Highton, Jamie; Twist, Craig; Mullen, Thomas (University of Chester, 2019-09)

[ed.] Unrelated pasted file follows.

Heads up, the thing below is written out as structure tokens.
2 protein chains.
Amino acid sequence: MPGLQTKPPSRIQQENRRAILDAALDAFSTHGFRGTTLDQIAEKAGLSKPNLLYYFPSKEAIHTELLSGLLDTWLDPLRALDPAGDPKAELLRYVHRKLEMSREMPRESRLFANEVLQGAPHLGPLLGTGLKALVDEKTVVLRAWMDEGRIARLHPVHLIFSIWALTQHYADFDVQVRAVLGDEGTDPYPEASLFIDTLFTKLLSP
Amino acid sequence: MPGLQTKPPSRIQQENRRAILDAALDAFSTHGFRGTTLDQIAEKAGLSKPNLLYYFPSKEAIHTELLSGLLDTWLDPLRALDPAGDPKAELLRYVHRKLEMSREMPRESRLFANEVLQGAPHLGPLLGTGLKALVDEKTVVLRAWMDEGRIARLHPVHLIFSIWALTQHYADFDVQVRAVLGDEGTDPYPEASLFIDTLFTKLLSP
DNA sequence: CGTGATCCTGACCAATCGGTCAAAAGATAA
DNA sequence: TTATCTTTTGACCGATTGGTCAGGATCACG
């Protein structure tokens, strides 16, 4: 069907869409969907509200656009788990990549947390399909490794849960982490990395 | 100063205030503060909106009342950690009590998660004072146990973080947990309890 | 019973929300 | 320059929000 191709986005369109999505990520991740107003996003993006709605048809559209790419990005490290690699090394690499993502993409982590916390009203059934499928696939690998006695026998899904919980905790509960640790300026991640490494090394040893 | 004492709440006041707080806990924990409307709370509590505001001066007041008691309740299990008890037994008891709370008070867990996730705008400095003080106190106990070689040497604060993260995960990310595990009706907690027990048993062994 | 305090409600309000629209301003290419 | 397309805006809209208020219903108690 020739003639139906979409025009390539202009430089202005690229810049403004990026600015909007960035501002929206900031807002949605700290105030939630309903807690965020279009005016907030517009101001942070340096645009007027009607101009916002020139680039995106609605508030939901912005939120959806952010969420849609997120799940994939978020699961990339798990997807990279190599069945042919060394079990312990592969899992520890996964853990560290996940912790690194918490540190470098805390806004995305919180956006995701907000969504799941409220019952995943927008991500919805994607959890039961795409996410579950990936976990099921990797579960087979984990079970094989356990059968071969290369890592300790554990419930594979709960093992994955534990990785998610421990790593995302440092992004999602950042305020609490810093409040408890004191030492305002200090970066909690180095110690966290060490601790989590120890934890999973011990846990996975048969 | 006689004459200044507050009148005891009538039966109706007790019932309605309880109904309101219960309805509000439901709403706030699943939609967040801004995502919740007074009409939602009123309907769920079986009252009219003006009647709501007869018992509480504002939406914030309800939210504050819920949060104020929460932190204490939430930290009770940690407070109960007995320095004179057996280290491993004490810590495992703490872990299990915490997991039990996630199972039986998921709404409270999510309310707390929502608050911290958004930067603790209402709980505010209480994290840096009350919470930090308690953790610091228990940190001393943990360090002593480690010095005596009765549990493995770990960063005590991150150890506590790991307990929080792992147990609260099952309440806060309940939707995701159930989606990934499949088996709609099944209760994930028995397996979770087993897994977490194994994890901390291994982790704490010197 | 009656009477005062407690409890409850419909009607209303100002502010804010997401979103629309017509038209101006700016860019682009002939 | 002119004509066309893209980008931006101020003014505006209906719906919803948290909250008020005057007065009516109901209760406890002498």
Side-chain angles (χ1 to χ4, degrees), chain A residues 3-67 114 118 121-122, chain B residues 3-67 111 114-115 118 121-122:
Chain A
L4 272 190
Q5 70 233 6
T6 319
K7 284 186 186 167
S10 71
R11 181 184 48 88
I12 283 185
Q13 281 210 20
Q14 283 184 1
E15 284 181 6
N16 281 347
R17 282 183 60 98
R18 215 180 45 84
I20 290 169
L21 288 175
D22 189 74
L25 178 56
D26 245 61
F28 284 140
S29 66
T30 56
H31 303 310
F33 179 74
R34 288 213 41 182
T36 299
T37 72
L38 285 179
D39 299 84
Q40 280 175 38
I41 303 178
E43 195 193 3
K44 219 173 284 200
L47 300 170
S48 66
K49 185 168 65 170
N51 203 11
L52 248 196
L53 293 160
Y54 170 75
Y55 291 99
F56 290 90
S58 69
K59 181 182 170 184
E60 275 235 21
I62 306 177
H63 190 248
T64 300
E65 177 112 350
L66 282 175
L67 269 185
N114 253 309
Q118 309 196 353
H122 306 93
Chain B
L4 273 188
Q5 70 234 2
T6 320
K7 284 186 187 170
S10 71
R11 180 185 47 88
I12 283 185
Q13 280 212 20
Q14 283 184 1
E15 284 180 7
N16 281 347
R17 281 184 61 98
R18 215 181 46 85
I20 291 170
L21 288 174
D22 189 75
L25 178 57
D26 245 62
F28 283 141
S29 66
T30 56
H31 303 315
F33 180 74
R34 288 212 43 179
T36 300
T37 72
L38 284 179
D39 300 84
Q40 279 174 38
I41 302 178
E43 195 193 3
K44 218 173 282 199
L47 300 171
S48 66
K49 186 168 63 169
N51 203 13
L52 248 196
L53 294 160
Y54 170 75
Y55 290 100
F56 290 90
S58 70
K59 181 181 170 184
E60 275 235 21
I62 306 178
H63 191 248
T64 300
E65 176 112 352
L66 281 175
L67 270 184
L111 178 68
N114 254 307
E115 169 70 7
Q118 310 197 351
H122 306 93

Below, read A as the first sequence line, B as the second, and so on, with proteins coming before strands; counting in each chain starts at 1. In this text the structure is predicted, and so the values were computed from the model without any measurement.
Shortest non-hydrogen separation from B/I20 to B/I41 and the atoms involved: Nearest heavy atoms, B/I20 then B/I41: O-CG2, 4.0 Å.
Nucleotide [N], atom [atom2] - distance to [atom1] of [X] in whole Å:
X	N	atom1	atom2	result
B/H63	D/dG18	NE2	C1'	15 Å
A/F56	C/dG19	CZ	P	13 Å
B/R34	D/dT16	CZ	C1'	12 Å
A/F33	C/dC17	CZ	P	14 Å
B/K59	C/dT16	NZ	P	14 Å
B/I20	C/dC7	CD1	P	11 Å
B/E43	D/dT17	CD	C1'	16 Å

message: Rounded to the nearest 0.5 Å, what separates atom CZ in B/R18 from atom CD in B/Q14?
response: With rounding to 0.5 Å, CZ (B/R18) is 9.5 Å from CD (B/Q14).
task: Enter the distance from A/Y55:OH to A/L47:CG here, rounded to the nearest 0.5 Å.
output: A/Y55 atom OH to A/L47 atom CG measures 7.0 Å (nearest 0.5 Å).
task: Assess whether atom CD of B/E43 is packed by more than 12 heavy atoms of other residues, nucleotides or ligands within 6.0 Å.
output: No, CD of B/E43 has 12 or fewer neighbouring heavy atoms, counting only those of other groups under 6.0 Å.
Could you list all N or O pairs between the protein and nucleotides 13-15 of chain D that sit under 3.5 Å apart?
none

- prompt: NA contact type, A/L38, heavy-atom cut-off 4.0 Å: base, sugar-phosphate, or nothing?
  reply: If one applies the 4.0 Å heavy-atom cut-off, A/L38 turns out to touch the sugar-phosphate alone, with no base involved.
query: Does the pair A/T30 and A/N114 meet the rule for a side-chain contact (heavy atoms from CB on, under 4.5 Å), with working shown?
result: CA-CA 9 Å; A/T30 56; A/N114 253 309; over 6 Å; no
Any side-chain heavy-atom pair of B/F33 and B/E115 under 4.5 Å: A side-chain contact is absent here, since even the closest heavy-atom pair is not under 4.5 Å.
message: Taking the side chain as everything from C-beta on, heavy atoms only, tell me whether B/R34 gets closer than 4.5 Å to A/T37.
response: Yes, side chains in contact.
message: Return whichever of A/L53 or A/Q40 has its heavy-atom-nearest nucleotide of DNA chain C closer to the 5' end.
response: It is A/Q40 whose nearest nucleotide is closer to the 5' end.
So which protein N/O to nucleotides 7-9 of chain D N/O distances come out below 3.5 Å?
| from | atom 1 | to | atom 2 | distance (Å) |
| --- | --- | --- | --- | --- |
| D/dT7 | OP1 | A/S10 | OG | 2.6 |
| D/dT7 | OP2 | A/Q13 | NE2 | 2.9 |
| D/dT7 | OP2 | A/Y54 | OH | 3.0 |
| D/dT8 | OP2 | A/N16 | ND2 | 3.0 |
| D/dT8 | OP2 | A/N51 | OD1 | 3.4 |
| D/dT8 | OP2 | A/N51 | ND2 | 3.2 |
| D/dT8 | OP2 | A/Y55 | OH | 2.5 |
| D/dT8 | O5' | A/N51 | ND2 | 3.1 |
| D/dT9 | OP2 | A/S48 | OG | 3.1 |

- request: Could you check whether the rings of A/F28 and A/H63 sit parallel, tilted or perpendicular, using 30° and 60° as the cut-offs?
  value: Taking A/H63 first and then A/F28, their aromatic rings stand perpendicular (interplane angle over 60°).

The aim of the current thesis was to develop knowledge of the ‘loads’ associated with rugby league match-play, with a particular focus on the effects of altered mental loads before and during exercise indicative of a rugby league match. Chapter 3 examined the test-retest reliability of movement, physiological and perceptual measures during and after a novel rugby match simulation, where movement commands were more random than those typical of match simulations. The most reliable measure of external load during bouts of the simulation was relative distance (typical error [TE] and coefficient of variation [CV%] = 1.5-1.6 m.min-1 and 1.4-1.5%, respectively), with all other movement characteristics possessing a CV% <5%. The most reliable measure of internal load, neuromuscular function and perceptual measures were for %HRmax during bout 1 (TE and CV% = 1.4-1.7% and 1-4-2.1%, respectively), MVC before (TE and CV% = 10.8-14.8 N·m and 3.8-4.6%, respectively), and average RPE (TE and CV% = 0.5-0.8 AU and 3.6-5.5%, respectively). The conclusion of this chapter was that randomisation of the movements during simulated activity to better reflect intermittent team sports has no detrimental effect on its reliability. Studies can therefore confidently examine alterations in several perceptual, neuromuscular, physiological and movement load measures related to rugby activity using stochastic movements. Chapter 4 examined the responses to a simulated rugby league protocol that was designed to include more random commands, and therefore require greater vigilance, than traditional team sport simulation protocols. The randomised simulation (RDM) was matched for the number and types of activity performed every 5.45 min in a control trial (CON), but included no repeated cycles of activity. The RDM trial was more mentally demanding than CON (Effect size (ES) = 0.56; ±0.57). Self-paced mean sprint performance increased in RDM (22.5 ± 1.4 vs. 21.6 ± 1.6 km∙h-1; ES = 0.50; ±0.45), which was accompanied by a higher RPE (14.3 ± 1.0 vs. 13.0 ± 1.4; ES = 0.87; ±0.54) and a greater number of errors in the Stroop Test (10.3 ± 2.5 vs. 9.3 ± 1.4 errors; ES = 0.65; ±0.67). MVC peak torque (CON = -48.4 ± 31.6 N.m, RDM = -39.6 ± 36.6 N.m) and voluntary activation (CON = -8.3 ± 4.8%, RDM = -6.0 ± 4.1%) was similarly reduced in both trials. Providing more random commands, requiring greater vigilance, can therefore alter performance and associated physiological, perceptual and cognitive responses to team sport simulations. Chapter 5 describes the subjective task load of elite rugby league match play using the NASA-TLX and examines their association with several contextual match factors, technical ii performance and external movement demands. Linear mixed modelling revealed that various combinations of contextual factors, technical performance and movement demands were associated with subjective task load (NASA-TLX). Greater number of tackles (η2 = 0.18), errors (η2 = 0.15) decelerations (η2 = 0.12), increased sprint distance (η2 = 0.13), losing matches (η2 = 0.36) and increased perception of effort (η2 = 0.27) lead to most likely – very likely increases in subjective total workload. These data provide a greater understanding of the internal load and their association with several contextual factors, technical performance and external movement demands during rugby league competition. The purpose of the final empirical chapter (Chapter 6) was to describe the effects of mental fatigue on simulated rugby league performance and to determine the effects of caffeine supplementation on simulated rugby league performance in the presence of mental fatigue. Completing a mentally demanding task increases participants’ subjective rating of mental fatigue (pre = 29 ± 25 AU; post = 55 ± 20 AU) immediately before completing a simulation protocol. Impairments in sprint speed (ES = -0.18; ±0.19), sprint to contact speed (ES = -0.20; ±0.27), high-intensity running (ES = -0.30; ±0.24), high metabolic power > 20 W·kg-1 (ES =-0.50; ±0.51) and time to complete a passing accuracy task (ES = 0.54; ±0.63) were observed after mental fatigue. Caffeine supplementation (5 mg.kg-1) attenuated several adverse effects of mental fatigue before exercise replicating the demands of rugby league match play, with increased sprint speed (ES = 0.40; ±0.18), high-intensity running (ES = 0.50; ±0.53), high metabolic power > 20 W·kg-1 (ES = 0.33; ±0.38) and decreased time to complete a passing accuracy test (ES =-0.70; ±0.45). Mental fatigue affected internal loads, external loads and skill performance during simulated rugby league match play that appear to be centrally regulated by a decreased motivation and increased perception of effort. However, a single dose of caffeine taken 60 min before performance can attenuate several of these negative effects. In summary, the current thesis highlights several interactions between the physical and mental loads associated with actual and simulated rugby league performance.